Alex Compton sees ex-deputy Louie Alas doing a phenomenal job at Phoenix
Alex Compton with his revamped coaching staff at Alaska. Marlo Cueto

ALLIES for the most part of their careers, it was strange seeing Louie Alas and Alex Compton standing on opposite ends of the floor and going up against each other on Tuesday.

Better get used to it.

The Phoenix Fuel Masters turned back the Alaska Aces, 89-85, in a preseason pocket tournament at the Upper Deck Sports Center in Ortigas in the first ever coaching duel between Alas and Compton since the two parted waysafter Alas accepted the offer to be Phoenix coach.

It was a hard-fought, grind out match between the Fuel Masters and the Aces, typical of the way Compton and Alas wanted games to be played while both were still doing things on the bench for Alaska.

“He was my coach during my best year as a player, and I know how good he is at what he does,” said Compton of Alas, who was his very first mentor when he first played in the country for the Manila Metrostars in the defunct Metropolitan Basketball Association (MBA) where they won a championship together.

“I will always be grateful to him and we have shared a lot of things over the years,” added Compton as he reminisced his partnership with his former coach. “I know he will do a phenomenal job at Phoenix.”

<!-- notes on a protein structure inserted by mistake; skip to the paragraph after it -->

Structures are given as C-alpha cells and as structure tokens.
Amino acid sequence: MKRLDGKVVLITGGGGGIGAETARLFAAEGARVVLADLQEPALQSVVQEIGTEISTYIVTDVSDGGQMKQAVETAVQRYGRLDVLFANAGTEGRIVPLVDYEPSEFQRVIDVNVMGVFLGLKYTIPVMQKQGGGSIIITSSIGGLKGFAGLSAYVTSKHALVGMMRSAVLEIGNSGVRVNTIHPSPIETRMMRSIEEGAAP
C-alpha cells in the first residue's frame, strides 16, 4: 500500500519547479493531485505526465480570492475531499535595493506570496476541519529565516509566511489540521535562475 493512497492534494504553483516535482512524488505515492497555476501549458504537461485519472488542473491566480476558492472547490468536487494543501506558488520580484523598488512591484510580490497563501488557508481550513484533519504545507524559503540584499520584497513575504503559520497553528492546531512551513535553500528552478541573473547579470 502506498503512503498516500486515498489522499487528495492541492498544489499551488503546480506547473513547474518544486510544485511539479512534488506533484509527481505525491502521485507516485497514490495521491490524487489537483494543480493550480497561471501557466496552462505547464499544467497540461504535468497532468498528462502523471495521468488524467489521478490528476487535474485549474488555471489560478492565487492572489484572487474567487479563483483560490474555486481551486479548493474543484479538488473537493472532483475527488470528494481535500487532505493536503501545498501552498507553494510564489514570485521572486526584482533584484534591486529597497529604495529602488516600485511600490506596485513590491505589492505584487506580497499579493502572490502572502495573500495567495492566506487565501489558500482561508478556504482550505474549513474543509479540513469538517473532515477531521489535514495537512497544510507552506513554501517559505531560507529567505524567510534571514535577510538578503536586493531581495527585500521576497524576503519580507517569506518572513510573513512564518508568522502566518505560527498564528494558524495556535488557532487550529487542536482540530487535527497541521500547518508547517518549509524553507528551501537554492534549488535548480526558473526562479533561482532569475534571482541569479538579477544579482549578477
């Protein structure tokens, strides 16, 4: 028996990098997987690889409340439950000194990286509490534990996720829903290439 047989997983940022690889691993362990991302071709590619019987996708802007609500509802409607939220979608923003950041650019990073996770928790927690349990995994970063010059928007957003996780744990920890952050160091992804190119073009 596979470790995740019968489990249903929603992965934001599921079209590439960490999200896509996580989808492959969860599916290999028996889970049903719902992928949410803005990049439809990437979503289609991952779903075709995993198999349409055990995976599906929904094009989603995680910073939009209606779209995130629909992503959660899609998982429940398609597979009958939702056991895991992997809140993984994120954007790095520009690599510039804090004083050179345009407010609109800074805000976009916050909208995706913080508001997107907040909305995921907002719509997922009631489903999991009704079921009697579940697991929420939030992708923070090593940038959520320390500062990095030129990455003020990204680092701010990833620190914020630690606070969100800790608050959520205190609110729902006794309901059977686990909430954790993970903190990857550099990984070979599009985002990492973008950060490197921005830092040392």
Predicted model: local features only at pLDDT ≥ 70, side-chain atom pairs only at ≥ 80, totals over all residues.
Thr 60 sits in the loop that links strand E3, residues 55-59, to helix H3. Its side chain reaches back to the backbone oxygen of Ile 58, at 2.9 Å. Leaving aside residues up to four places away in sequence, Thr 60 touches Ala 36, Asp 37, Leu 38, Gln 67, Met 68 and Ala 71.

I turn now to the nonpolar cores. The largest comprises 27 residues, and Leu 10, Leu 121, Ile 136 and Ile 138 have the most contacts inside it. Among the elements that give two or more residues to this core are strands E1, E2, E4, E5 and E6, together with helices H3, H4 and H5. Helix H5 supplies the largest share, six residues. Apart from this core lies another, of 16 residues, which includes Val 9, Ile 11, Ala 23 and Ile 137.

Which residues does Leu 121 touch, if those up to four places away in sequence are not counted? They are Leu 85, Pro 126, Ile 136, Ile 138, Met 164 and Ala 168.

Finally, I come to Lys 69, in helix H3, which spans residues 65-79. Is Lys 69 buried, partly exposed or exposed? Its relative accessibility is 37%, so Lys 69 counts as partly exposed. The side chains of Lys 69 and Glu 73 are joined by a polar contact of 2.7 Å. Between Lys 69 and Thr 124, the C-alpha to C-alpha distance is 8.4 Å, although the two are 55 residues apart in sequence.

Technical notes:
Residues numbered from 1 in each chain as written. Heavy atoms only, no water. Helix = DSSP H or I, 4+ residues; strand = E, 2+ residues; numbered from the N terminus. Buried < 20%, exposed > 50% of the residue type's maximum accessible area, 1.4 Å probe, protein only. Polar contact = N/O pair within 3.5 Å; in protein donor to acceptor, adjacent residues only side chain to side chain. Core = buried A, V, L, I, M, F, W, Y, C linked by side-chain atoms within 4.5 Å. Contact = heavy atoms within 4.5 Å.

The game was tied at 71midway through the final period, until the Fuel Masters uncorked an 11-0 blast anchored on Matthew Wright and new acquisitions Justine Chua and LA Revilla to pull away for good, 82-71 entering the final two minutes.

Alas was assisted in the sidelines by chief deputy Topex Robinson, the current Lyceum coach and former Alaska deputy, who Alas brought along with him at Phoenix.

Compton said he was proud and happy seeing his former coaching staff implementing their own program with another ballclub.

“Coach Topex has also proven himself as a great young coach, both as an assistant with us and most recently, with the incredible job he has done at Lyceum,” said Compton, 43. “To become associate head coach of Phoenix under coach Louie – the same position we had given coach Louie here at Alaska – is really a tremendous opportunity for him.”

Such had been the contributions of the two for Compton since he took over the Alaska reins in 2014 that when both left for Phoenix, the Aces had to tap not just two, but three replacements in Eric Altamirano, Danny Ildefonso, and Tony dela Cruz.


While a little sad letting go of his two trusted lieutenants, Compton was happy Alas and Robinson were finally given the break they really deserved.

“When coach Louie was offered the head coaching job, I was very happy for him,” he said of his 53-year-old friend with whom he shared a string of runner-up finishes with the Aces. “He has been such a help to me personally as the head coach of Alaska, especially when I took over. It was my first time ever to be a head coach.”

They may belong to the opposite side now, but Alas and Robinson will always be close friends, stressed Compton.

“These guys are lifelong friends, and when really good opportunities come the way of those who have faithfully served you, it is hard to do anything but rejoice for them and their families,” said the Philippine-born American coach.

“We will certainly miss them both, while simultaneously being excited for them and the new challenge that awaits them.” 

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